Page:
anxiety leads to regression under stress (see Barthol and Ku 1959) and longing for
comforting objects (for object relations and the attachment theory see, for example,
Bollas, 1987; Winnicott, 1951; and the works of Melanie Klein, Otto Kernberg,
Heinz Kohut, and Margaret Mahler ) that provide a holding environment (Donald
W. Winnicott 1960), an authority, while rejecting it at the same time (Bion 1949, p.
Consequently, the following question arises: Is it possible to design an organiza-
tion without formal hierarchy, as the Zeitgeist might suggest?
Societal Shift of Perspectives for Organizations
Organizations mirror the society because of the people who work in them. Or-
ganizations are also embedded in and influenced by the shifting political and social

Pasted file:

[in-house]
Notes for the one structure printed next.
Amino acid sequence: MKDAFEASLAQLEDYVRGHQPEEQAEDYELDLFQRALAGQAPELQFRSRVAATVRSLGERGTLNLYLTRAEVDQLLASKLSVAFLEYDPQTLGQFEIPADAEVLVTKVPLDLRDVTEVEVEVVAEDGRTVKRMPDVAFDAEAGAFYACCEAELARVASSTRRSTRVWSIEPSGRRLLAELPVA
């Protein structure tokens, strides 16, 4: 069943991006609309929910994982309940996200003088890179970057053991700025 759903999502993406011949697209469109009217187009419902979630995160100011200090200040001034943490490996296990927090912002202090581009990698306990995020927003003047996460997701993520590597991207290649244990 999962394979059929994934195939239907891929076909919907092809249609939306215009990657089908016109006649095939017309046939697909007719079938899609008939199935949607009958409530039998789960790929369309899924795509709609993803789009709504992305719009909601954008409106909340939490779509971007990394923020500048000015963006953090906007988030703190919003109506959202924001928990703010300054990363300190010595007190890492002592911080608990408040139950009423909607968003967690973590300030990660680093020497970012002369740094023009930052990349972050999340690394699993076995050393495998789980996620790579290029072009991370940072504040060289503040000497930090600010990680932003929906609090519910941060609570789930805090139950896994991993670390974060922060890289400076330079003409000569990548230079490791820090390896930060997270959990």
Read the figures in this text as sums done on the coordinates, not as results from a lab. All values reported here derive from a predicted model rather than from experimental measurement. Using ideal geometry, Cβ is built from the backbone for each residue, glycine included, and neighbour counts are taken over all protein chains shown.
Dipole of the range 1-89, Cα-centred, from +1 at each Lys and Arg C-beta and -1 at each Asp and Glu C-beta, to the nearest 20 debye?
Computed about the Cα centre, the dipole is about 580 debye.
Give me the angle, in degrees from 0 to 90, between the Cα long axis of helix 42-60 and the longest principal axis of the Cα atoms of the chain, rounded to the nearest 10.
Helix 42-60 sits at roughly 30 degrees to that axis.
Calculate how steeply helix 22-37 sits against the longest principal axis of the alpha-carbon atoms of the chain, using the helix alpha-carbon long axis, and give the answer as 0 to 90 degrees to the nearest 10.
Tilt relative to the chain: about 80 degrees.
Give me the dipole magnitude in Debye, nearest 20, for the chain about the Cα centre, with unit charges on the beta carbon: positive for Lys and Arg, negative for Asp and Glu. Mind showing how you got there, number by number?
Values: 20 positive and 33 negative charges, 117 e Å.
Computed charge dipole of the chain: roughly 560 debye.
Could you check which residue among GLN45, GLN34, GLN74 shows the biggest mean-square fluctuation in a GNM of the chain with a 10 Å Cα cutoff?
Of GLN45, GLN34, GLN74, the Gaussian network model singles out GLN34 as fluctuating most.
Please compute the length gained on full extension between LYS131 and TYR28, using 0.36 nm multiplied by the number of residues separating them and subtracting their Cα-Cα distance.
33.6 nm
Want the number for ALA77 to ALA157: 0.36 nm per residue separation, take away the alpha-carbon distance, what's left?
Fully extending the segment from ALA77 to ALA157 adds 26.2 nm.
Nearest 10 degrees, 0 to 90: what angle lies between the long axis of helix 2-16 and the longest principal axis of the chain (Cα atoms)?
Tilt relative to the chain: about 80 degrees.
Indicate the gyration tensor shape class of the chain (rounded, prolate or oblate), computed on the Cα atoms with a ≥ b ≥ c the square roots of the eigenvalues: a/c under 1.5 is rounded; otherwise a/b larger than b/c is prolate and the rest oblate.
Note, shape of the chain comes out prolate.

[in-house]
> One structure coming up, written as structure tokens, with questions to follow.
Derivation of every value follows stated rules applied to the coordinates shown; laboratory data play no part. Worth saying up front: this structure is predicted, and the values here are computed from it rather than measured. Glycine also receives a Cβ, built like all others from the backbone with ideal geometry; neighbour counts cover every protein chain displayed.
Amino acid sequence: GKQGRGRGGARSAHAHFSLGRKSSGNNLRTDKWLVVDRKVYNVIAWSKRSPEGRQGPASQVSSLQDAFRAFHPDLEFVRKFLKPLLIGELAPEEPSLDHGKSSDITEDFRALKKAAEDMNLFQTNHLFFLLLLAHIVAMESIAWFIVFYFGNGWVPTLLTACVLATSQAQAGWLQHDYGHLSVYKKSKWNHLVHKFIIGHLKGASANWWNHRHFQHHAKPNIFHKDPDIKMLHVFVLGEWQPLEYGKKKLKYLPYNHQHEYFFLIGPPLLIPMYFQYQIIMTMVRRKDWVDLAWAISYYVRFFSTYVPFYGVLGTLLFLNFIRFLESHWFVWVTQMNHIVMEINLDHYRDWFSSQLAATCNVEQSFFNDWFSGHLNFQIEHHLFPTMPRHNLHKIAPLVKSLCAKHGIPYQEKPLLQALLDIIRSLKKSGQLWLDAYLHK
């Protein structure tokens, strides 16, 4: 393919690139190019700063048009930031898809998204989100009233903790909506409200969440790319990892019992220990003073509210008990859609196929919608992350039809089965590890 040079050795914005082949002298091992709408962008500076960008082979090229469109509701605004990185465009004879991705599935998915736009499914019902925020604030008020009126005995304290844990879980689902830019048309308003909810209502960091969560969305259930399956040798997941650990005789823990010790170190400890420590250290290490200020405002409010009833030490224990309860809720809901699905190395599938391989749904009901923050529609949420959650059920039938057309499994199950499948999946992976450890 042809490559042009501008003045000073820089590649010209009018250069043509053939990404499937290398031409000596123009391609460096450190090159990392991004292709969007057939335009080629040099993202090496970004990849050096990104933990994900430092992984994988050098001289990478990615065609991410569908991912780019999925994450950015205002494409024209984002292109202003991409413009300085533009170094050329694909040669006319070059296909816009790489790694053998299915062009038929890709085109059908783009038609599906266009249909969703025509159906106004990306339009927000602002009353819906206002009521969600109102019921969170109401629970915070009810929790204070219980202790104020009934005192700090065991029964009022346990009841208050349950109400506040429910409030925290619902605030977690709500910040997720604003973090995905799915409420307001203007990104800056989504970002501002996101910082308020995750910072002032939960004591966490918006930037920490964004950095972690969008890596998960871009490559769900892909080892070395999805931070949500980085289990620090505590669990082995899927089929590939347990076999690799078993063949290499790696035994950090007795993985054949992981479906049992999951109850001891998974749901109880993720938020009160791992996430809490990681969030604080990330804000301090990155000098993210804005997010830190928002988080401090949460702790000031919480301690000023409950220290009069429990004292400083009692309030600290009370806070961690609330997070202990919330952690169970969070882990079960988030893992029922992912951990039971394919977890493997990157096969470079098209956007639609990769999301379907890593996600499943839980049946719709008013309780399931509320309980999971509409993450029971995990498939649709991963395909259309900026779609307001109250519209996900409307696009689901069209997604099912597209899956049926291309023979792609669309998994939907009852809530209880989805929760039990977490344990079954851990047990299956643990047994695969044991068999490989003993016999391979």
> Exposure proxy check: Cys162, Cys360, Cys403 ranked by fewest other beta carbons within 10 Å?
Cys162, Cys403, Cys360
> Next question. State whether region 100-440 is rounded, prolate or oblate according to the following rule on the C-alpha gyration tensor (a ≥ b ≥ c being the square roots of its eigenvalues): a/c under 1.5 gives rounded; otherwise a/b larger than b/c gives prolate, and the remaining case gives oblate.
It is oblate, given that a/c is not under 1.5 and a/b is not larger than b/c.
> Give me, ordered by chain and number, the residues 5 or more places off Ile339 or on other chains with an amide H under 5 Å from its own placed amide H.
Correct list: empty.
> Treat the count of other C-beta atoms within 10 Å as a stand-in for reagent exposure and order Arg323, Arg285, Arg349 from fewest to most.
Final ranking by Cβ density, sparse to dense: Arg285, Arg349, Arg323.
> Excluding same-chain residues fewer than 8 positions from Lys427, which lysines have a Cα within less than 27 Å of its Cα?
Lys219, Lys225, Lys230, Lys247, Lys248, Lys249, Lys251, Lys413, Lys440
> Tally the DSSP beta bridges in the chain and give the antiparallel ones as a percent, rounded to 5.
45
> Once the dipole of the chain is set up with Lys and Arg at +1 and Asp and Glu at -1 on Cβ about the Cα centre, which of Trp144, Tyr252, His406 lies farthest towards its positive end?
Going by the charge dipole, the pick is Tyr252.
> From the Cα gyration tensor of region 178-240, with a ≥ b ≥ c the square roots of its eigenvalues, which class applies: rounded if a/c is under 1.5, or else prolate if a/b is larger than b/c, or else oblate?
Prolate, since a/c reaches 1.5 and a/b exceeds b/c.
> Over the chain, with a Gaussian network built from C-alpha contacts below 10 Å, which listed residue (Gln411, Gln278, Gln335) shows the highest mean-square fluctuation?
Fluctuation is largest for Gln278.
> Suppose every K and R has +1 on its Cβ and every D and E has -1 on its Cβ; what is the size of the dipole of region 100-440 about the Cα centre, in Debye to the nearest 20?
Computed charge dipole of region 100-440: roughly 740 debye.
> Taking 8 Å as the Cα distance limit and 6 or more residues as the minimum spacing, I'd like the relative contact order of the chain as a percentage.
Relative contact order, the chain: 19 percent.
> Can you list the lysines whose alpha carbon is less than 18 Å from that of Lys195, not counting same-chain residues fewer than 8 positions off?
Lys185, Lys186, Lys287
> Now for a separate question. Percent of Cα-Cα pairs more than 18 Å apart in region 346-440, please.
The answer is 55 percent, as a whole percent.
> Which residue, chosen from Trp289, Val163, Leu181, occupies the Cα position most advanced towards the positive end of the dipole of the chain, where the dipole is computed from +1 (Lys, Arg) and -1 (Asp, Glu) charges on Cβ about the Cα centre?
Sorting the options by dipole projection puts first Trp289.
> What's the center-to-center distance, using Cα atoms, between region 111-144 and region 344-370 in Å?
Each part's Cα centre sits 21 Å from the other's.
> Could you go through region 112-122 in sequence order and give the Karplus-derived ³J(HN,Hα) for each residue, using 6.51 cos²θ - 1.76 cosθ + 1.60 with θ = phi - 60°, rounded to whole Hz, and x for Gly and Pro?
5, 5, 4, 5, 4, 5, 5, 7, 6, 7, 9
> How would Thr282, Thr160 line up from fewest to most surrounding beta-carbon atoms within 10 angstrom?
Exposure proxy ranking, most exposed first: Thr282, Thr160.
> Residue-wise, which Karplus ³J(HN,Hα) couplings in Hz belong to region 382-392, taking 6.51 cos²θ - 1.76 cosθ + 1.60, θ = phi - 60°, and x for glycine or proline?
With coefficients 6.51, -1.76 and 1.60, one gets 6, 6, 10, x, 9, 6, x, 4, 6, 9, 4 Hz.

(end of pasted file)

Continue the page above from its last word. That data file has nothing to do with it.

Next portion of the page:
fields that define the rules of appropriate behavior. “Currently it seems as if the
social order, and society itself, is undergoing a major reconstruction […]” (Radel
and Schuster 2019, p. 11).
One aspect of the reconstruction of society relates to the social divide and ine-
quality in several areas, which have been increasing for more than three decades
now—if we take income into account as an example (United Nations, 2020: 3). This
has become even more pronounced as a result of the COVID pandemic
( 2021).
In former times, inequality has generally been an accepted social factor. A part
of the history of humankind, inequality was often challenged by revolutions (e.g.,
French revolution) and other social riots of the “have-nots” or “have-little-want mo-